Other group activities, such as running, bodyweight workout routines, and fitness videos allow for additional spacing. If you’re using any equipment, be sure to thoroughly clean and disinfect it before and after use, even if you’re the only one using it.

    4. Rethink recess.

    With children home from school and focusing on distance learning, don’t forget recess. Physical activity is an important part of the school day and helps children not only with fitness, but with mental focus and concentration as well.  Be sure to include a combination of structured and unstructured physical activity into every day your child is home.

    5. Work on improving your general fitness.

    Having a strong core and aerobic fitness level is necessary for good fitness. You can work on strengthening your core and cardiovascular condition without compromising the safety of those around you by using:

    • Home gyms
    • Home-based video workouts
    • Web-based exercise programs

    In fact, many fitness related instructors and organizations are currently offering free online workout classes and routines for new users as a way to encourage activity and improve morale throughout the country.

    6. Clean and disinfect any equipment you use alone or with others.

    The virus may remain active on untreated surfaces for an extended period, so be sure to follow the CDC guidelines for cleaning and disinfecting surfaces and any equipment you use by yourself or with others. Using a cleaning solution that contains at least 70% alcohol is important, even if you and your family are using your own in-home facilities.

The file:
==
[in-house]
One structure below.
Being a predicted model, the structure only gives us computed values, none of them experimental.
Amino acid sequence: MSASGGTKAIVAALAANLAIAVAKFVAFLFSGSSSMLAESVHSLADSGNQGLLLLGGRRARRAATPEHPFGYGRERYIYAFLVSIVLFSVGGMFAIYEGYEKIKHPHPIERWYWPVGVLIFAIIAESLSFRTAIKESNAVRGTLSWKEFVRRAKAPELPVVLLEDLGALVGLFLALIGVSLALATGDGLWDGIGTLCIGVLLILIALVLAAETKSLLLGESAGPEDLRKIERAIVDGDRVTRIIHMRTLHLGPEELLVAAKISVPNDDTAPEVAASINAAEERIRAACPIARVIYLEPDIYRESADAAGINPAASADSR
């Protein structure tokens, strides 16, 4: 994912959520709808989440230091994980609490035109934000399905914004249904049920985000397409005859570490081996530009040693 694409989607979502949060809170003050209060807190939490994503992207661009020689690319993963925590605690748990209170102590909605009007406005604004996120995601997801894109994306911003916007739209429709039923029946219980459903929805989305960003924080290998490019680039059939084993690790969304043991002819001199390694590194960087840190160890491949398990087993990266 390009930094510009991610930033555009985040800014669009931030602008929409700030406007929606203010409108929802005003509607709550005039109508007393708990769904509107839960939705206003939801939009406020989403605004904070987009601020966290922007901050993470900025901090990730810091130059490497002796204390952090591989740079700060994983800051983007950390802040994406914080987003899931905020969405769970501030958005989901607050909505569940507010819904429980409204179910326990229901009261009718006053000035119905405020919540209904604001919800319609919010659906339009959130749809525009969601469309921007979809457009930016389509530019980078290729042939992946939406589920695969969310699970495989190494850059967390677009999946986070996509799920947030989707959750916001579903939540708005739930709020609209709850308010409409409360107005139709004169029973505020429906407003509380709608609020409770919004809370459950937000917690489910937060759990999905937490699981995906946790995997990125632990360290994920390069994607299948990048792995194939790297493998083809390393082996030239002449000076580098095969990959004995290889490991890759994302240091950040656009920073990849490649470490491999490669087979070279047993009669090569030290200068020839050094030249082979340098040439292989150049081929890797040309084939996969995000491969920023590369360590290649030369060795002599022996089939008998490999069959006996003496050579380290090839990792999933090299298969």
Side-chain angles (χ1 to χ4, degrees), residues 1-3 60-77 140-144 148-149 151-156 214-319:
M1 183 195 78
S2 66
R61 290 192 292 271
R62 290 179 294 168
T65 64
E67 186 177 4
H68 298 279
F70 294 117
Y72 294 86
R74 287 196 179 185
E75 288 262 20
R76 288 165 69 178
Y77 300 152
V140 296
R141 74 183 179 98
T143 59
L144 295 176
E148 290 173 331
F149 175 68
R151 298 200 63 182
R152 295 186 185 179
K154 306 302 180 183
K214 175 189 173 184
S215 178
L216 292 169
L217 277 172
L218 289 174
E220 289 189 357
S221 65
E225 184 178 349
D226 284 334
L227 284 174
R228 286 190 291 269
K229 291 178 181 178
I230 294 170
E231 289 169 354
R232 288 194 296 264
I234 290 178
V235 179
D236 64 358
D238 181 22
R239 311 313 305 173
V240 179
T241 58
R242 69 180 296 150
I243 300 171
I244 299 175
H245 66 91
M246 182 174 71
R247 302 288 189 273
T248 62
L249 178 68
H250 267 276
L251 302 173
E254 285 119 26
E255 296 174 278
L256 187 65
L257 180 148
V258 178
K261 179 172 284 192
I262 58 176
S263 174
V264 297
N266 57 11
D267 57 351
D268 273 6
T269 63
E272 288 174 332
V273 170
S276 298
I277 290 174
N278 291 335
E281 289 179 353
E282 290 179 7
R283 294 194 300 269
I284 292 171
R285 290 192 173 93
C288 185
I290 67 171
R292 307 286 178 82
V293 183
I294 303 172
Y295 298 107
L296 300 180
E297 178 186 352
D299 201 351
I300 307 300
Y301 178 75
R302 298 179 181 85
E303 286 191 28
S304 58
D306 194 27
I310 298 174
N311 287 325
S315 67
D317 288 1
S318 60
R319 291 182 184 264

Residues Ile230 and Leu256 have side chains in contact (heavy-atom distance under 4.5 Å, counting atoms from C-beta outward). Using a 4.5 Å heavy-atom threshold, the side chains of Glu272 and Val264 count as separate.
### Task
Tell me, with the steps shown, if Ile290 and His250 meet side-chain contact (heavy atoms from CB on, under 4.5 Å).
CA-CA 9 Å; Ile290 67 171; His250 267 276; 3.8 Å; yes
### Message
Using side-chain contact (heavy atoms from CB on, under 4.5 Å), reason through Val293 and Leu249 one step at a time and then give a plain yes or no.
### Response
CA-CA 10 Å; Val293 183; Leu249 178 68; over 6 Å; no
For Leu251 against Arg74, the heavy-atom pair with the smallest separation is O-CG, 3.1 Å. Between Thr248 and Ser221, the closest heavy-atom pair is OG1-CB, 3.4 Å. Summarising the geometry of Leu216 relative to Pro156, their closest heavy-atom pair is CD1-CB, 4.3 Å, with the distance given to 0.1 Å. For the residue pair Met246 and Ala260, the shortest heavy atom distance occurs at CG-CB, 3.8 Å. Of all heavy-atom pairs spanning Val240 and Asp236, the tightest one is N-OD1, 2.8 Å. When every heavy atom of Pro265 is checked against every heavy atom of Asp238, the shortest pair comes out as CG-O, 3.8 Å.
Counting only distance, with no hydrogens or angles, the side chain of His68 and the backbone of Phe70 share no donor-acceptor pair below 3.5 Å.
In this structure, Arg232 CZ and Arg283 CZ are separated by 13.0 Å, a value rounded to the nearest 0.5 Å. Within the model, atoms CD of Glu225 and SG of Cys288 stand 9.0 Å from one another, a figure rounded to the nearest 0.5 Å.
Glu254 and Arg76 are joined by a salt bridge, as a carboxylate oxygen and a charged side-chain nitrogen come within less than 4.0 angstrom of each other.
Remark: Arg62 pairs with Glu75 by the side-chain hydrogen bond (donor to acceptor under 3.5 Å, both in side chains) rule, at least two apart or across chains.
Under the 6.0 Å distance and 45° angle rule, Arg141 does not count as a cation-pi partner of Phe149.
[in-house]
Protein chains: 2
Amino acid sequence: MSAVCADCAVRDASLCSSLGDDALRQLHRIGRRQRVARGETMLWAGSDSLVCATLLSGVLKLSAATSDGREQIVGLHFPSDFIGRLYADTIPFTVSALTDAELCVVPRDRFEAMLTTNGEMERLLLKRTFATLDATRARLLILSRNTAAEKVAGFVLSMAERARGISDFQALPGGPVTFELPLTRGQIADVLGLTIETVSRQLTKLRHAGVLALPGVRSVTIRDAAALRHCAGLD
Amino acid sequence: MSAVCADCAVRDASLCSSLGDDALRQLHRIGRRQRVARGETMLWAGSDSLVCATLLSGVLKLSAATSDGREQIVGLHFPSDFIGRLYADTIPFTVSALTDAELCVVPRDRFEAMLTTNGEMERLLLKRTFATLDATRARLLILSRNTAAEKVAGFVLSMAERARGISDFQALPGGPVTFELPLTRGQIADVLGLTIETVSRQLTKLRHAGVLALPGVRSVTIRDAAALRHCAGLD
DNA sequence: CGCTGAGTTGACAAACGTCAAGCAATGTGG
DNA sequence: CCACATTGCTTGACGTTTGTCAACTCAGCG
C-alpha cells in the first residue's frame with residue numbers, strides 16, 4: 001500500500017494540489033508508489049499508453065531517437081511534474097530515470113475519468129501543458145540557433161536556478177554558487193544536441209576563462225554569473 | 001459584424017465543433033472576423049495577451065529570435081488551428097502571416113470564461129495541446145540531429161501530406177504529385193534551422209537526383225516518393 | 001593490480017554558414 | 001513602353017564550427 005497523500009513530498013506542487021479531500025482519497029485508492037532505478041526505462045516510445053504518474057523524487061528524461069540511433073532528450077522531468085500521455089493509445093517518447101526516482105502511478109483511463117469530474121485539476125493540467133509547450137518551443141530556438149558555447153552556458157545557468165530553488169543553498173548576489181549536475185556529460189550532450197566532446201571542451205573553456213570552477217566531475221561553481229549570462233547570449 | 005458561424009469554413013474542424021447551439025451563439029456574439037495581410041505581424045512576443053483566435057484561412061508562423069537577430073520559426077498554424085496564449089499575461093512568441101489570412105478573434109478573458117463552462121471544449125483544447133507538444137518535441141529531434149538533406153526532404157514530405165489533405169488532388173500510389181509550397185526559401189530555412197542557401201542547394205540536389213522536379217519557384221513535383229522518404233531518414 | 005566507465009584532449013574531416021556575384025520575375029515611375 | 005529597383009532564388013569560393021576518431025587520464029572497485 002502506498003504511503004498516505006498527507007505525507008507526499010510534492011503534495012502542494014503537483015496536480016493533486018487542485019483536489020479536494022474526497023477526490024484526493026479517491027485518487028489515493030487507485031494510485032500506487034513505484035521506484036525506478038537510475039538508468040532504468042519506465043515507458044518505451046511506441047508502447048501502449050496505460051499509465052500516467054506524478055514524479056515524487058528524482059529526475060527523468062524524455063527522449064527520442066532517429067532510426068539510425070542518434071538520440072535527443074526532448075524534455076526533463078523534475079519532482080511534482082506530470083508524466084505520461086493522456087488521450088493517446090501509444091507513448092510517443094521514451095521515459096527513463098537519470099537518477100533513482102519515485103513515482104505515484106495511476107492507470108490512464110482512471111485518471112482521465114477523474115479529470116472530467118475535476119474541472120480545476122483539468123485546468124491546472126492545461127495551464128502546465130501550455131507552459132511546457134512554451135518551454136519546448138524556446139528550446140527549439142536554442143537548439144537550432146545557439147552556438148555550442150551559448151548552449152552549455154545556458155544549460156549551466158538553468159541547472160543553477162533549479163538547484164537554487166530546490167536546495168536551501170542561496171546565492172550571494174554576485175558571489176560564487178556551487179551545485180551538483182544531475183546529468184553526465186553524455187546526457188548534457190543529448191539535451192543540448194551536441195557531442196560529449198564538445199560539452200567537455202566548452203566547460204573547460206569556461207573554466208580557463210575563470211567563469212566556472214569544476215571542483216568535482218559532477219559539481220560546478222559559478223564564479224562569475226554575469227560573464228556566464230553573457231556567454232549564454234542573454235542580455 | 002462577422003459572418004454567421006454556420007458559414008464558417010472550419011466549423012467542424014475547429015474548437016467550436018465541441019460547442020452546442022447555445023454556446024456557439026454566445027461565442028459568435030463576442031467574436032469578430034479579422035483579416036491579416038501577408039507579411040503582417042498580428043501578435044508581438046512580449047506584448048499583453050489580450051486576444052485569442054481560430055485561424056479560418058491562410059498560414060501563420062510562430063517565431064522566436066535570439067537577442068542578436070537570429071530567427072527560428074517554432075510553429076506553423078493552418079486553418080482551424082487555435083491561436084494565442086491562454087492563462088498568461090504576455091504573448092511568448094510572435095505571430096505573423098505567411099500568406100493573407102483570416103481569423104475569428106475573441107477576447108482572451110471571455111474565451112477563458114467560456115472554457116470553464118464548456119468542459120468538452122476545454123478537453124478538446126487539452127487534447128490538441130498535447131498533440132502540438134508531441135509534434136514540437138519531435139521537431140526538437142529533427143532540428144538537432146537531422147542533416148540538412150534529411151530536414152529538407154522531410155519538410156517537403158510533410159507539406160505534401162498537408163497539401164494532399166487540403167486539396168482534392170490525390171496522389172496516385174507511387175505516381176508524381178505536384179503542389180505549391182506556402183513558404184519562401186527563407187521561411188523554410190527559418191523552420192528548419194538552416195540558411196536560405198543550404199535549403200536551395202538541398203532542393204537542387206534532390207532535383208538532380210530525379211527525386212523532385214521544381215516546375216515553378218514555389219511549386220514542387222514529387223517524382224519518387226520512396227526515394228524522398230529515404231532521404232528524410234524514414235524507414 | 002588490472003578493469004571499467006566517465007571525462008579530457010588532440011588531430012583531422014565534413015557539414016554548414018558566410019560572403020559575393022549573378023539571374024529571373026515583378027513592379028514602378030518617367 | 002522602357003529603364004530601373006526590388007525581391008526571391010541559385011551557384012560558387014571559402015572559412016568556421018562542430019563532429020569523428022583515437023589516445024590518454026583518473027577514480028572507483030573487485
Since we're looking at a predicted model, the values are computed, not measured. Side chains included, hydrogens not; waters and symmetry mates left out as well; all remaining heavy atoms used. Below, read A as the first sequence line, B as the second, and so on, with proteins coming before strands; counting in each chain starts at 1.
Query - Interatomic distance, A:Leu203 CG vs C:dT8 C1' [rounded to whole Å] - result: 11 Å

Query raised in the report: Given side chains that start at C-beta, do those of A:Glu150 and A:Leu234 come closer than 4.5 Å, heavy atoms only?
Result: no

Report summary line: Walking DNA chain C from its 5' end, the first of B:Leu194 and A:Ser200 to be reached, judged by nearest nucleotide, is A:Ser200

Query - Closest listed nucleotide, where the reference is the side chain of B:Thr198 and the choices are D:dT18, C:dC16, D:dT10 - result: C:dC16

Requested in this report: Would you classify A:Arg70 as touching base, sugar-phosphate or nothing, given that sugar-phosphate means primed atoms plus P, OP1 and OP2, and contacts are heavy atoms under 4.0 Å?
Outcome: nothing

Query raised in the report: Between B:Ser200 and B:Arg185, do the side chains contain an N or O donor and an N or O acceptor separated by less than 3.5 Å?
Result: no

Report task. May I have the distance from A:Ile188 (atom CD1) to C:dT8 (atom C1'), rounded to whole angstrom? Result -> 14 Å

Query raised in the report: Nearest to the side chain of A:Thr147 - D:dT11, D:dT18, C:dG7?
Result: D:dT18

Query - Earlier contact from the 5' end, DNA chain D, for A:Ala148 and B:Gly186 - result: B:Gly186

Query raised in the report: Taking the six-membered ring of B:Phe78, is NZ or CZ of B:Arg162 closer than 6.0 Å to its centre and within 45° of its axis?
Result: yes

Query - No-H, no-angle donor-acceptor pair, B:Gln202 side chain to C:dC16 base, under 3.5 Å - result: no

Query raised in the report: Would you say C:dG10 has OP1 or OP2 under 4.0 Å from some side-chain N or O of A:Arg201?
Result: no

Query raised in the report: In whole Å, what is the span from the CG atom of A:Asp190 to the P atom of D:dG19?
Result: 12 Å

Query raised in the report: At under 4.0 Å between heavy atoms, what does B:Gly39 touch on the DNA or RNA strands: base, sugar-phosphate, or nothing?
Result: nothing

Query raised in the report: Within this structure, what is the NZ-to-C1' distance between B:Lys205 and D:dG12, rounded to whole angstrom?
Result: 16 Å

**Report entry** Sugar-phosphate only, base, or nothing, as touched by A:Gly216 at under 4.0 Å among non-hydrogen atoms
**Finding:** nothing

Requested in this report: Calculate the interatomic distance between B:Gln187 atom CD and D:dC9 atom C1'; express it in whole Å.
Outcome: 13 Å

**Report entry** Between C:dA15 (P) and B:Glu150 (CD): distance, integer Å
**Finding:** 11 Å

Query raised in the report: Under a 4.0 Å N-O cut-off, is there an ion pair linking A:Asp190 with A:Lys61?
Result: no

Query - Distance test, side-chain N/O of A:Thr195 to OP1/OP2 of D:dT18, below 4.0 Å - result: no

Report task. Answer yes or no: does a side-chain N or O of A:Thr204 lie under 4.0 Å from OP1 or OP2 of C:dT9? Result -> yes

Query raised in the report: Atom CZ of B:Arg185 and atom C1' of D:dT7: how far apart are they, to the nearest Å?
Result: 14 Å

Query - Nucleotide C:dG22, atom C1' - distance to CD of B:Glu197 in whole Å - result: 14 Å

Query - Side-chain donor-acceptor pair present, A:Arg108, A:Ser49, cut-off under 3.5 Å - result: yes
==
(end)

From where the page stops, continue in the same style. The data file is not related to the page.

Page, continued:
7. Exercise using your body weight.

    Using your own body weight with a circuit-type program can be an effective way to maintain strength and aerobic health in a short period of time. Bodyweight workouts can incorporate a variety of movements that don’t require equipment, including:

    • Burpees
    • Squats
    • Lunges
    • Pushups
    • Yoga

    Remember that with any exercise program, you should gradually increase frequency, intensity, and duration to avoid overuse injuries. If it hurts, stop doing it.

    8. Stay in touch with your fitness community online.

    Whether you’re a competitive athlete or a weekend warrior, stay in touch with your friends and teammates through appropriate social media channels. Consider sharing your thoughts about this situation and hopes for returning to normal activity as soon as safely possible. Consider on-line challenges for steps, or stationary bike rides, or even run a “virtual race” together and compare times.